Further seeking to compete with Winchester, Marlin introduced their first pump action shotgun in 1898. Using the best available steel, sporting an extremely strong tipping locking surface, an out-of-battery firing pin safety, these guns should have remained renown for their quality. However, years of updates and further decades of abuse combined with poor knowledge of their operating principles led to many in disrepair. Deemed unsafe for SASS shooting, they have earned an unwarranted reputation.

This particular gun is a very early one, and has NO inertia lock. This was troublesome when combined with an ability to slam fire and the unreliability of early smokeless shotgun powder. Marlin would soon fix this potential hazard with a safety, which holds the locking block down until the cartridge is discharged. Alternatively the user can manually depress an external button (again not featured on this example) to release the lock. The firing pin also had to be forward in order to open the action. This would be familiar to a Winchester 1893 user, but confusing to the owner of an 1897.

Original 1898s were made for 2.75″ shells but expect a shorter roll crimp, not the expanding star crimp we now commonly see. This can create unexpected pressures in the barrel and usually the now lengthened spent shells fail to eject. All other similar, but later models seem to have corrected this.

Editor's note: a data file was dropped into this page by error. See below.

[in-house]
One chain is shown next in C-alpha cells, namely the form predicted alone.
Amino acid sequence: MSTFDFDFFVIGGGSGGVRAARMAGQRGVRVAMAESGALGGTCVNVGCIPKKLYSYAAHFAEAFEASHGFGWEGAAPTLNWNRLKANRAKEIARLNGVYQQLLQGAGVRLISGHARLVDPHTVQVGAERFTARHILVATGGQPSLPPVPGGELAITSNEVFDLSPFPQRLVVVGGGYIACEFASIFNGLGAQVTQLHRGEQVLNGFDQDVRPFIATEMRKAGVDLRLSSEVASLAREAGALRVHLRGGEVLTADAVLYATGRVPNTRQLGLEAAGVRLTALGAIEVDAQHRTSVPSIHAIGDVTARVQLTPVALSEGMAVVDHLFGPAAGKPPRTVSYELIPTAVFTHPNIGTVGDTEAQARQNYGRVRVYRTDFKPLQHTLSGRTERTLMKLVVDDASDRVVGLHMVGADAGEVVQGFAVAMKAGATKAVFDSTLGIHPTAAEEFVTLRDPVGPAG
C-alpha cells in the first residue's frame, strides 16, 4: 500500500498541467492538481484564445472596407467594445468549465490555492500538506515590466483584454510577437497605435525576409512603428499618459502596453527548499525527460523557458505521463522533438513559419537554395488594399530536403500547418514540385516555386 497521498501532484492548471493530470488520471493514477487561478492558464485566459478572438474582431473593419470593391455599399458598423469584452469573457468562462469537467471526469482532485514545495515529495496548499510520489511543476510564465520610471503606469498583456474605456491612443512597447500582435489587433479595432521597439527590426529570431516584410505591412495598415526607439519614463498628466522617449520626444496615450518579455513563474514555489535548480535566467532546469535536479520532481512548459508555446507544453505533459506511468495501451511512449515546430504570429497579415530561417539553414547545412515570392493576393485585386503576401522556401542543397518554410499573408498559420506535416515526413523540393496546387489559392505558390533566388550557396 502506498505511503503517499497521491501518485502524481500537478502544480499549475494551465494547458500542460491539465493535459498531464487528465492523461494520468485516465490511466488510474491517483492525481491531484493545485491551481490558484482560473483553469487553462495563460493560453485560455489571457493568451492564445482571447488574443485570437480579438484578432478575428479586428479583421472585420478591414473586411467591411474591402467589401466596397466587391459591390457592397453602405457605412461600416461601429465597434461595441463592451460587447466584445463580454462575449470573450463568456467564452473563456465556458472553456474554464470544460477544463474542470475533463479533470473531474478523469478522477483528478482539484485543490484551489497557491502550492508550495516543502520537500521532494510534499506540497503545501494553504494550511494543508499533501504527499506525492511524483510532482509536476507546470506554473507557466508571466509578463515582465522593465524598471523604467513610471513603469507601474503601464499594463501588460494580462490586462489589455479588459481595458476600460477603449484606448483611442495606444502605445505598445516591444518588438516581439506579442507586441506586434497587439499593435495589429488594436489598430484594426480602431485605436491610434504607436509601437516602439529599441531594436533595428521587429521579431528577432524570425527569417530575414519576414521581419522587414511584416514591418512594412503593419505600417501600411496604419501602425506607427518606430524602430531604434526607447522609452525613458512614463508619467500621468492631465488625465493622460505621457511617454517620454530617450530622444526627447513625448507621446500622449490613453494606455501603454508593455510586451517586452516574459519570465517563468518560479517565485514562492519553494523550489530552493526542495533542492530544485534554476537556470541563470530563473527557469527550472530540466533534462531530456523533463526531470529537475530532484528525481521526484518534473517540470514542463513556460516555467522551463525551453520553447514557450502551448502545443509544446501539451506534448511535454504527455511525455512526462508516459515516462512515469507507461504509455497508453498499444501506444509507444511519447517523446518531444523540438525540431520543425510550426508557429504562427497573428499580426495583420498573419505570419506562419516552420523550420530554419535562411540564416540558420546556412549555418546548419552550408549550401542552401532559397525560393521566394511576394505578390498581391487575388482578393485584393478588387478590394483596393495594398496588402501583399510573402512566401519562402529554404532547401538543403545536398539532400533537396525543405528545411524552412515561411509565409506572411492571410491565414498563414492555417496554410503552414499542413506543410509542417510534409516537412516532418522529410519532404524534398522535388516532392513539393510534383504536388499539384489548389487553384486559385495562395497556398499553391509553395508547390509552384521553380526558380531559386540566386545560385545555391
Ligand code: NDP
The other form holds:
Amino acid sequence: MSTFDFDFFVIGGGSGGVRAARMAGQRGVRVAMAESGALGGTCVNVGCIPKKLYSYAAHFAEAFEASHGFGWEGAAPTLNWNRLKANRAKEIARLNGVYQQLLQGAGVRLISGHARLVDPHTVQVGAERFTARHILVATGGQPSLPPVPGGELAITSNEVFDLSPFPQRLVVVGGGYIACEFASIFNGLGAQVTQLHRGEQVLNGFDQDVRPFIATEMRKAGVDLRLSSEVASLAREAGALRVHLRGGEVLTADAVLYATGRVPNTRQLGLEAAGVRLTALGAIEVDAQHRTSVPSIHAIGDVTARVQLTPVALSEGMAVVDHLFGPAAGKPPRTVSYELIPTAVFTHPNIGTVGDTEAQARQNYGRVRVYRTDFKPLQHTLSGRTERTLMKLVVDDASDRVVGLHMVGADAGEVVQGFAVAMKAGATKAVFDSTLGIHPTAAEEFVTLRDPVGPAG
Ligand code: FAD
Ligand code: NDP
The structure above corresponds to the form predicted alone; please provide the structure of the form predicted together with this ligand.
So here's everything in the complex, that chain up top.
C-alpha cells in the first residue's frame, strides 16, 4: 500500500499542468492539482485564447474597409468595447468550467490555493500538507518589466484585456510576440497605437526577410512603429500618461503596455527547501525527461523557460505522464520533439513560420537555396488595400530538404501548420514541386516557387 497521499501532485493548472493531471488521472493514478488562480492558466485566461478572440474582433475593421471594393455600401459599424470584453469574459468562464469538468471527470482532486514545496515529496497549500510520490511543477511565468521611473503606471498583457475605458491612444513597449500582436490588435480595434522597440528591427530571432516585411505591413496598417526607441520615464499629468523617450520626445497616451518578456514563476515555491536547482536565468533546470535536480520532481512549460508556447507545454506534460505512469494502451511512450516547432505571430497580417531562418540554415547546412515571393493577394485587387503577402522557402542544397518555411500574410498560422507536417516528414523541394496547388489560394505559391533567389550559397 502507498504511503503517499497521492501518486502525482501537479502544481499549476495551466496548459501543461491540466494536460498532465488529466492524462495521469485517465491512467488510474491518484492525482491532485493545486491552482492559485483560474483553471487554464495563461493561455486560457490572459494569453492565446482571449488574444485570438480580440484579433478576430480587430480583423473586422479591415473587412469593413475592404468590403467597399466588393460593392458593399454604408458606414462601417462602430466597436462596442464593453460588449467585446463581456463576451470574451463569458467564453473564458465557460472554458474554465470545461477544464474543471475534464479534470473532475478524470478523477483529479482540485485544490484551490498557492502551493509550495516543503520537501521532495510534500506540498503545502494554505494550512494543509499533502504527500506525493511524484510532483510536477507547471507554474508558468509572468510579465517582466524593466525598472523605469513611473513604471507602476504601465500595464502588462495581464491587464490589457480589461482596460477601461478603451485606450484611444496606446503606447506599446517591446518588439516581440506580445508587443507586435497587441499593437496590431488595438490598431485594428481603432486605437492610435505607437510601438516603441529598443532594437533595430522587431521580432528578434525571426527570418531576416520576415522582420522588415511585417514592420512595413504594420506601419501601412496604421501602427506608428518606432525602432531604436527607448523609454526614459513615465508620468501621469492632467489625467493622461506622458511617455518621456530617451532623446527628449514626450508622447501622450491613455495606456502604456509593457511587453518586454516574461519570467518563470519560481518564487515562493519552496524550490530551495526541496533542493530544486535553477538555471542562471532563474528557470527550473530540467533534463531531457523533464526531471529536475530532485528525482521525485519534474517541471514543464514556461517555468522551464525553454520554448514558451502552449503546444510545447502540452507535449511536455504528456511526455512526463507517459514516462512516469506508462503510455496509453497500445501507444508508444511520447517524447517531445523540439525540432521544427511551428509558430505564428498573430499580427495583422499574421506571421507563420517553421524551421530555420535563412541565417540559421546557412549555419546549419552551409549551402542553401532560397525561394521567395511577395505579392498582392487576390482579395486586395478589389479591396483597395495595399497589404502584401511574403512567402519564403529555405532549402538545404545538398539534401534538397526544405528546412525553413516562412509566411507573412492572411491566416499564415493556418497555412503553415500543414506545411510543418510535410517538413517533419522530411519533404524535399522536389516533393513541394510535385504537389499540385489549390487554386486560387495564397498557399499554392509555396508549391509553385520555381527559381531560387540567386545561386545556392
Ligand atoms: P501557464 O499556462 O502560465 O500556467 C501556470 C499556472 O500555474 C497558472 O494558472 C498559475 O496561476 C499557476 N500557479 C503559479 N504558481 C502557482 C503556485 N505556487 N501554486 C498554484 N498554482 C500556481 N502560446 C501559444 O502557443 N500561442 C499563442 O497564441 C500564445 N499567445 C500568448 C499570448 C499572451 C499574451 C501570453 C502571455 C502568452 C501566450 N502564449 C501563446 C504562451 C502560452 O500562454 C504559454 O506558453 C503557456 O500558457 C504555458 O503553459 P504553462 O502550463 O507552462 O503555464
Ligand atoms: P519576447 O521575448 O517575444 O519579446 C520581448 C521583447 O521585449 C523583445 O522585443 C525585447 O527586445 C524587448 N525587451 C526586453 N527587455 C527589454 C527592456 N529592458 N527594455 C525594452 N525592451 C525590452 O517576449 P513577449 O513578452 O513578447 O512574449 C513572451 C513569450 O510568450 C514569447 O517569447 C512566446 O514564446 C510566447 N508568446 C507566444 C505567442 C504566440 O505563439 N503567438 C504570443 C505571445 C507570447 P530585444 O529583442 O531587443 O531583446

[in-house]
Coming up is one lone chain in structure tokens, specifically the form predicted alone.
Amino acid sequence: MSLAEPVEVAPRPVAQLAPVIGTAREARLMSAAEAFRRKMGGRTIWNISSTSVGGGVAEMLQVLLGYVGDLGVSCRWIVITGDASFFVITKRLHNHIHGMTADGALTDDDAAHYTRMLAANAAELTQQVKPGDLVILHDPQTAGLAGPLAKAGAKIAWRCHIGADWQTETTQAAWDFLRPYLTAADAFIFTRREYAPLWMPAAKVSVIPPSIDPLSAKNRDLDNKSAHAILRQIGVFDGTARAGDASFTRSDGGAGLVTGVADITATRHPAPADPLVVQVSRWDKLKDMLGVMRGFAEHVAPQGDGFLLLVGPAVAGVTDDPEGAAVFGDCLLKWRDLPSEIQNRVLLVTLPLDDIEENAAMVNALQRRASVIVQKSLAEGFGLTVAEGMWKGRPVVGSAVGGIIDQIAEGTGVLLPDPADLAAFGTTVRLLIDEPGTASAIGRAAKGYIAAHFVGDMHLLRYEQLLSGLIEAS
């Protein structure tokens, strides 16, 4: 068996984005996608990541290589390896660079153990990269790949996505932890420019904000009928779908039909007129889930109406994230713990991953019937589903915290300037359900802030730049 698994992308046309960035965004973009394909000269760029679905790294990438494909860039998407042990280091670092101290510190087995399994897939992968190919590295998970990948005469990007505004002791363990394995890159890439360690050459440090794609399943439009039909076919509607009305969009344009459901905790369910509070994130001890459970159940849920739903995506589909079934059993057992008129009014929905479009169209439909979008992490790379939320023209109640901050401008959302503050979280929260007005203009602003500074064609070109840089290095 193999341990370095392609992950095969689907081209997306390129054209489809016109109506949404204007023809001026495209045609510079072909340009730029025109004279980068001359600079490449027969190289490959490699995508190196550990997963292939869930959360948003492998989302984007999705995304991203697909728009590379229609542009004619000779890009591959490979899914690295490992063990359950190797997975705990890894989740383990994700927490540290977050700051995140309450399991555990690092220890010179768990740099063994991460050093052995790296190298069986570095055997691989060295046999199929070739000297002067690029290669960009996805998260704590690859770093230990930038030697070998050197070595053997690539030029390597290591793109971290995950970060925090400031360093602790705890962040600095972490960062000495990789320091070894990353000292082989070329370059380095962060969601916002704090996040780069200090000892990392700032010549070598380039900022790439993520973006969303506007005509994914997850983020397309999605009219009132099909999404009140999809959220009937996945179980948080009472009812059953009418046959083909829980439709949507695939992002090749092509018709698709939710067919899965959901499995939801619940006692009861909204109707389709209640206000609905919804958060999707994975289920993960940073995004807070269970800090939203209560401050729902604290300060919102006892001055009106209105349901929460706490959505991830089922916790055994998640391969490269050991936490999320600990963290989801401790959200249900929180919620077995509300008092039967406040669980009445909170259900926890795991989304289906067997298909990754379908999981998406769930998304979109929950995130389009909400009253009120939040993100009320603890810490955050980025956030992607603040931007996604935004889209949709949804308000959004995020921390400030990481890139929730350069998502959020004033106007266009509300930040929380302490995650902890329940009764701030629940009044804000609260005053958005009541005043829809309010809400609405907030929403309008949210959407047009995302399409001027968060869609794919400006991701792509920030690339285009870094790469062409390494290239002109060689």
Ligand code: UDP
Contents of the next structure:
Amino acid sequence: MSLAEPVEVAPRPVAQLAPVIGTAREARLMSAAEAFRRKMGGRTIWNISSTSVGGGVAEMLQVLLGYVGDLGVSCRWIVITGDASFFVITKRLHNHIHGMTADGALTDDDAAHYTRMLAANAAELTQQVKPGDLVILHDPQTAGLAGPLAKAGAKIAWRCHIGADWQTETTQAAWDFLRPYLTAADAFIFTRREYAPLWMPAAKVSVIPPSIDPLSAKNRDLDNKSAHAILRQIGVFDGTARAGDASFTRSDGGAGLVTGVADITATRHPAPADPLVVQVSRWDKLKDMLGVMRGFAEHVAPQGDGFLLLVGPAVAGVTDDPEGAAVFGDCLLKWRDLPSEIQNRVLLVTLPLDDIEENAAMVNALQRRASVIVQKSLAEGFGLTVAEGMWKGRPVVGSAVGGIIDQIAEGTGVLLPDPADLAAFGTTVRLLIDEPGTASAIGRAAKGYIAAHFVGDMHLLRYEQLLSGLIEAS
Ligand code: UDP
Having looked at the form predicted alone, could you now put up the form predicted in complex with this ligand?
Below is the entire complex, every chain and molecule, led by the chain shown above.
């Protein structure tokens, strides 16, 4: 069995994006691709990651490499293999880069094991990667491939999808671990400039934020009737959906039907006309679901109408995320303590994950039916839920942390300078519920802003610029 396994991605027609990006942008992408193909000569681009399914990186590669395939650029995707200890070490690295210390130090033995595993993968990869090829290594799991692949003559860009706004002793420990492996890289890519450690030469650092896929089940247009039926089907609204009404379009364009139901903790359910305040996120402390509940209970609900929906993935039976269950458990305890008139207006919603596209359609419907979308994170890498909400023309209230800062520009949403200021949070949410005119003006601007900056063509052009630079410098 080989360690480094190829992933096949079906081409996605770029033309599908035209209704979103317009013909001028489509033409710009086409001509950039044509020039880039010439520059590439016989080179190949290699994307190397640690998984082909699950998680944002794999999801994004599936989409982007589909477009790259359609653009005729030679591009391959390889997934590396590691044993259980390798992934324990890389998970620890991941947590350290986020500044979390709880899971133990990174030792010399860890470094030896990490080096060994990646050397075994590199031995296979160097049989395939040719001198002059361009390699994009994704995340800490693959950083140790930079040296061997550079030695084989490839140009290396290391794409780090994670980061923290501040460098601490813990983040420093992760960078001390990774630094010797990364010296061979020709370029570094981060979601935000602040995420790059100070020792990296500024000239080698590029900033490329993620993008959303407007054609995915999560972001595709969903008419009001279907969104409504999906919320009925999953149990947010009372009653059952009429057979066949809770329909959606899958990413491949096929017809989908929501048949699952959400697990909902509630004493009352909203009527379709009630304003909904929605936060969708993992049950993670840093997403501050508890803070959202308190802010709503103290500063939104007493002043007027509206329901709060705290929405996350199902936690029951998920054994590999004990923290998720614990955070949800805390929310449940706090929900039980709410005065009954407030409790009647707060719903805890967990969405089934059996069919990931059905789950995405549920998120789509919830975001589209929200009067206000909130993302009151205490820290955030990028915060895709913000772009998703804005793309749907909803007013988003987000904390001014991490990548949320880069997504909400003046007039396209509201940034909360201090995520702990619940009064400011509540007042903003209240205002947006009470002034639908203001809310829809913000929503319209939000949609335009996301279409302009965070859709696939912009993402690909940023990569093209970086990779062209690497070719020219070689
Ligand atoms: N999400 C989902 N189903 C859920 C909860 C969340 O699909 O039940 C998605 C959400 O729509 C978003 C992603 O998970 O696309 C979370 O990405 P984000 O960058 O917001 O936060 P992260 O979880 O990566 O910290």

Take-down is somewhat complicated, as it requires a small, L-shaped key piece that rides in the gun when assembled, but may be easy to lose when disassembled. Since the barrel uses a reverse screw for removal, Marlin provided a threaded clamping collar so owners can adjust the barrel tightness and rotation on touchdown.

Marlin hammer shotguns are lighter than their Winchester 97 competitor and provide a clear, flat-top receiver sight line. They use far fewer parts and are less prone to major components breakage; though the inertia safeties regularly fail over time and lack of maintenance. This is only a concern when dealing with hangfire ammunition AND rapid pumping combined. This is rarely, if ever, encountered with modern ammunition.

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